At Murphy Wealth Management, our goal is to make sure you take a safe and practical approach to preparing for your retirement. In keeping with that goal, we would like to make you aware of several scams that target seniors. Currently, over two million senior citizens are known to fall victim to elder fraud every year. However, experts believe many more crimes against seniors go unreported. Some may not realize the fraud until a family member or caregiver gets involved. Others are embarrassed when they discover they have been deceived and choose to hide the events.
There are many reasons why seniors are targeted for scams. Many are simply overly trusting, while others may have decreased cognition resulting from various health issues. Perpetrators of this type of fraud are aware that either many of these people have retirement accounts with money to spare or are on a budget and likely to jump at the chance for a financial windfall.
We want to help seniors understand how to spot the common signs that signal deception and what to do if it happens to you or a loved one. Here are some of the most common scams out there today.
This common scam uses these government programs to trick people into sharing their personal information. They often misrepresent themselves as a Medicare representative to obtain the victim’s Medicare information as well as other personal information. They then use that information to commit fraud. In other cases, callers will ask for bank account information so they can steal money directly from the victim’s account.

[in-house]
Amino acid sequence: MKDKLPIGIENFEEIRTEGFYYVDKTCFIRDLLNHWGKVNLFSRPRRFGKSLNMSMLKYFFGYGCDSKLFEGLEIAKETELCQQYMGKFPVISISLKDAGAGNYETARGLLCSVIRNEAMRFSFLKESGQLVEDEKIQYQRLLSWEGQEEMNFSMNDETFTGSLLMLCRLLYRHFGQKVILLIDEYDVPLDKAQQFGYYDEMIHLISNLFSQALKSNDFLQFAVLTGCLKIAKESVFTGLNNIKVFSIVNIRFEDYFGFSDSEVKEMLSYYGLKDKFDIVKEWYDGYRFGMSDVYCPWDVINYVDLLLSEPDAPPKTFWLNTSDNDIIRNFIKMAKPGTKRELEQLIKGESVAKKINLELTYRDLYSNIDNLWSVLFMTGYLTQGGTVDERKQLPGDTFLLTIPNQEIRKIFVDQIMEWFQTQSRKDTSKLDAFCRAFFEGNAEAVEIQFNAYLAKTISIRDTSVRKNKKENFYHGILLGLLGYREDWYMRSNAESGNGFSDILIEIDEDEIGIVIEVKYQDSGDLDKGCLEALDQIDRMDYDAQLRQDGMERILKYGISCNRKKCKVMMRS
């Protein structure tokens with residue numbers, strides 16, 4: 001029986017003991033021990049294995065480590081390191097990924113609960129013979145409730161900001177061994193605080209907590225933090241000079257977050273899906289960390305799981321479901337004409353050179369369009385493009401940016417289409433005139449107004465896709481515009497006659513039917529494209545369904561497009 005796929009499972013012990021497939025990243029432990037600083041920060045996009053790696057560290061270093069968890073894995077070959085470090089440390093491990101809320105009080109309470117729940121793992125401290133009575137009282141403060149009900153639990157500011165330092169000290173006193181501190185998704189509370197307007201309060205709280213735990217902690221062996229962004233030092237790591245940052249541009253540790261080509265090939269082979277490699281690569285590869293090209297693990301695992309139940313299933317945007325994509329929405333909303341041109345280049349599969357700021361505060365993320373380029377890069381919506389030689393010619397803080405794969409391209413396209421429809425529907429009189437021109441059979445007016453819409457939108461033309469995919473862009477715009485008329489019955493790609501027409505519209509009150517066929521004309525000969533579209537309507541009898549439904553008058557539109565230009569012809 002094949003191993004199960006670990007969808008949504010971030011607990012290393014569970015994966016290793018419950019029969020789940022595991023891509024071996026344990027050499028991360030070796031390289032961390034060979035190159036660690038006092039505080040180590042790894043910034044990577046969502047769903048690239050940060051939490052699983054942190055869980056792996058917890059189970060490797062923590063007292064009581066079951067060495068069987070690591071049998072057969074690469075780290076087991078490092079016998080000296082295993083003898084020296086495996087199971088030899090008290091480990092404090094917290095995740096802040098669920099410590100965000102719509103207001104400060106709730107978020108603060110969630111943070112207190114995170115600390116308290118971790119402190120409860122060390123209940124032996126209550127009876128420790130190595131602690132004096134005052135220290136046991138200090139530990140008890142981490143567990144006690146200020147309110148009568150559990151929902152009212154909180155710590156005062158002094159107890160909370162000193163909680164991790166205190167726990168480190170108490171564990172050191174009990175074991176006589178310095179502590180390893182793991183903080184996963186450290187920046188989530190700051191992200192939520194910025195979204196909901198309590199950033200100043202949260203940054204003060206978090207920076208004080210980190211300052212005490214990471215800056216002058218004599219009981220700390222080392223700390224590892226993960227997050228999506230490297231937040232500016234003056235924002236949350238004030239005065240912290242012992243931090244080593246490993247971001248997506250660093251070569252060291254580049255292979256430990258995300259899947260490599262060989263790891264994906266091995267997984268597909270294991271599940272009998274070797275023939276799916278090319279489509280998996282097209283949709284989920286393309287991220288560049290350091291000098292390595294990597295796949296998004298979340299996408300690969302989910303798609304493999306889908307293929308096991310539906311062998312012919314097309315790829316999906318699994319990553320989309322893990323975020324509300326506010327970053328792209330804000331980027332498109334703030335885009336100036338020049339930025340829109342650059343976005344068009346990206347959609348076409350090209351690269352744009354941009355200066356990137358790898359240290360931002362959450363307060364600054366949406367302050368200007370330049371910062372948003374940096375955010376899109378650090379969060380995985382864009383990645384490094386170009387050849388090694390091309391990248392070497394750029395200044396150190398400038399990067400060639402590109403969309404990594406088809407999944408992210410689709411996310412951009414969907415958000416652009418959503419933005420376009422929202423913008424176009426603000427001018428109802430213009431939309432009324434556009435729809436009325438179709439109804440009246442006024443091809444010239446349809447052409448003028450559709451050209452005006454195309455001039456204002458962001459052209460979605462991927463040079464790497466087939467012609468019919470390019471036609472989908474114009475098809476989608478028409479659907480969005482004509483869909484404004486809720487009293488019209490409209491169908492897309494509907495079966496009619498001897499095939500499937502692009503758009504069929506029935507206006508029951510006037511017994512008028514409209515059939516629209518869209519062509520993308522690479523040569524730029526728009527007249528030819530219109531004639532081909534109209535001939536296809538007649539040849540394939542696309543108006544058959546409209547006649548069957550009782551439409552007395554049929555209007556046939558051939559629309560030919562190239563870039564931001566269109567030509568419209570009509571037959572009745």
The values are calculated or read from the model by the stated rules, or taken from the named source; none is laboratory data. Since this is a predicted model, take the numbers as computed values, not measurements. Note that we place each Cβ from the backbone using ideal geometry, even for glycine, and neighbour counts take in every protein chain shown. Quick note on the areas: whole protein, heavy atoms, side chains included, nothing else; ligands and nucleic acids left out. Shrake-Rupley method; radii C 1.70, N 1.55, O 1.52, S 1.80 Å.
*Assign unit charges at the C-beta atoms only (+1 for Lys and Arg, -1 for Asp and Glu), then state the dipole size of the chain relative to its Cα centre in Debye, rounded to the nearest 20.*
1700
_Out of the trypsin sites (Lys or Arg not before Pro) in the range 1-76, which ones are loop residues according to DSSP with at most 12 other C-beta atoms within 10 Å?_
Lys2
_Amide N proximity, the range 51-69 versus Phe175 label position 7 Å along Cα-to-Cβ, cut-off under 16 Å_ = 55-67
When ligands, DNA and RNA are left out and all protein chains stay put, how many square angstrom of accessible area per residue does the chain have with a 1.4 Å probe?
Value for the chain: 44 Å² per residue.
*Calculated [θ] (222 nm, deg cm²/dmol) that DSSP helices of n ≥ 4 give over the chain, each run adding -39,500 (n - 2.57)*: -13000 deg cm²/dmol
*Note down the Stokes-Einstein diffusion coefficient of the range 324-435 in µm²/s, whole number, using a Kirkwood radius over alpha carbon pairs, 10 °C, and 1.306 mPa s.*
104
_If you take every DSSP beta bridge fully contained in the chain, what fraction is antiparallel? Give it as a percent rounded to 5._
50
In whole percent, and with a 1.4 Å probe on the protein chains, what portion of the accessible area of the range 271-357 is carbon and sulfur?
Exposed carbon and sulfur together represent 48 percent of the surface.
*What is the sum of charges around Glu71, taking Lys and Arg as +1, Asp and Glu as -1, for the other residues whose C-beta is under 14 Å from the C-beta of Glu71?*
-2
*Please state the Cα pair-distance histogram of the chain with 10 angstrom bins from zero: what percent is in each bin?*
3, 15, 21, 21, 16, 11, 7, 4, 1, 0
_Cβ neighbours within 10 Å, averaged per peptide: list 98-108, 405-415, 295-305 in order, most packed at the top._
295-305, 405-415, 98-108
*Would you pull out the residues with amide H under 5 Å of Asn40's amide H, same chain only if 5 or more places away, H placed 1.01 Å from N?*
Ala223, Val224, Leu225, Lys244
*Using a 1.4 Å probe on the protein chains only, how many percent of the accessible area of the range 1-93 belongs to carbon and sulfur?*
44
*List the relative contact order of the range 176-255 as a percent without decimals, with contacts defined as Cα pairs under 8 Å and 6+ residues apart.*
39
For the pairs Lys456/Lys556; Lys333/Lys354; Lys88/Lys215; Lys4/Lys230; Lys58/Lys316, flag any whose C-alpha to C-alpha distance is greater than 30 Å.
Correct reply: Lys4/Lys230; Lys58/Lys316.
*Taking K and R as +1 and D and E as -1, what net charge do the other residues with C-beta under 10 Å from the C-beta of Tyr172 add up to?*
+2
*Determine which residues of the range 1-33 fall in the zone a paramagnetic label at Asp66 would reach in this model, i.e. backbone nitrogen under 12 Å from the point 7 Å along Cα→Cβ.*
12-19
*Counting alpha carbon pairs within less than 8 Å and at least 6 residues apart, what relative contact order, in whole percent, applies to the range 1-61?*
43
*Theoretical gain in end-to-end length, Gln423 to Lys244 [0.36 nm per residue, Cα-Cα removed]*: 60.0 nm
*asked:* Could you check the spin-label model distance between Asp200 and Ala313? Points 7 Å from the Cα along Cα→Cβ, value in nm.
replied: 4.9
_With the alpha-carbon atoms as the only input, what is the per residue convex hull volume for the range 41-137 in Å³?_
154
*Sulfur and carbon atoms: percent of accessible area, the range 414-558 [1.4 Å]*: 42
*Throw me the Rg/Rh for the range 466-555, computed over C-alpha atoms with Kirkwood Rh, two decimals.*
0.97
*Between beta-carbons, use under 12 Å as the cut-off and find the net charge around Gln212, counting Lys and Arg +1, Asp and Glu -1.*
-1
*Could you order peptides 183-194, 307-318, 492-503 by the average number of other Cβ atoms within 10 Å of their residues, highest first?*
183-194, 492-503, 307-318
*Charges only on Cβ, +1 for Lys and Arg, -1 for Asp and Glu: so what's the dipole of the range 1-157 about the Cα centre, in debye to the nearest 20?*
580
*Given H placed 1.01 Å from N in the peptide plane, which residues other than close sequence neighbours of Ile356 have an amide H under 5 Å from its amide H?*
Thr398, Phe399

Scammers also regularly pose as Social Security representatives promising to improve the benefits the victim can receive. They may ask to be paid for these services or solicit enough information to have the benefits deposited directly into their own accounts.
Remember, Medicare and Social Security personnel will never try to sell you anything–ever. They also will not contact you and request personal information unless you have reached out to them first. If you feel a fraudulent party is contacting you, hang up and contact the agencies directly. It is also important to check your Medicare and Social Security statements regularly to confirm that nothing unusual is happening.
Sadly, many lonely or widowed seniors fall prey every year to what is known as a sweetheart scam. In this situation, the scammer poses as an online love interest. They slowly gain the trust of the victim by expressing their love for the person. Once the scammer convinces the victim the affection is real, they ask for money. Since the scammer has already established the relationship, the victim perceives this person as a boyfriend or girlfriend and is comfortable sending cash. By the time a family member intervenes and exposes the fraudulent relationship, it becomes incredibly challenging to get the money back. Many times, the amount of money sent can amount to thousands of dollars.
When you meet someone online, it is important to establish they are real. If the person you are speaking with never wants to meet in person or connect on a video chat, a red flag should go up. If you think a loved one has fallen prey to this type of scam, it is important to remain empathetic while gaining additional information. Requesting power of attorney can grant you easier access to their accounts so you can personally check for suspicious activity.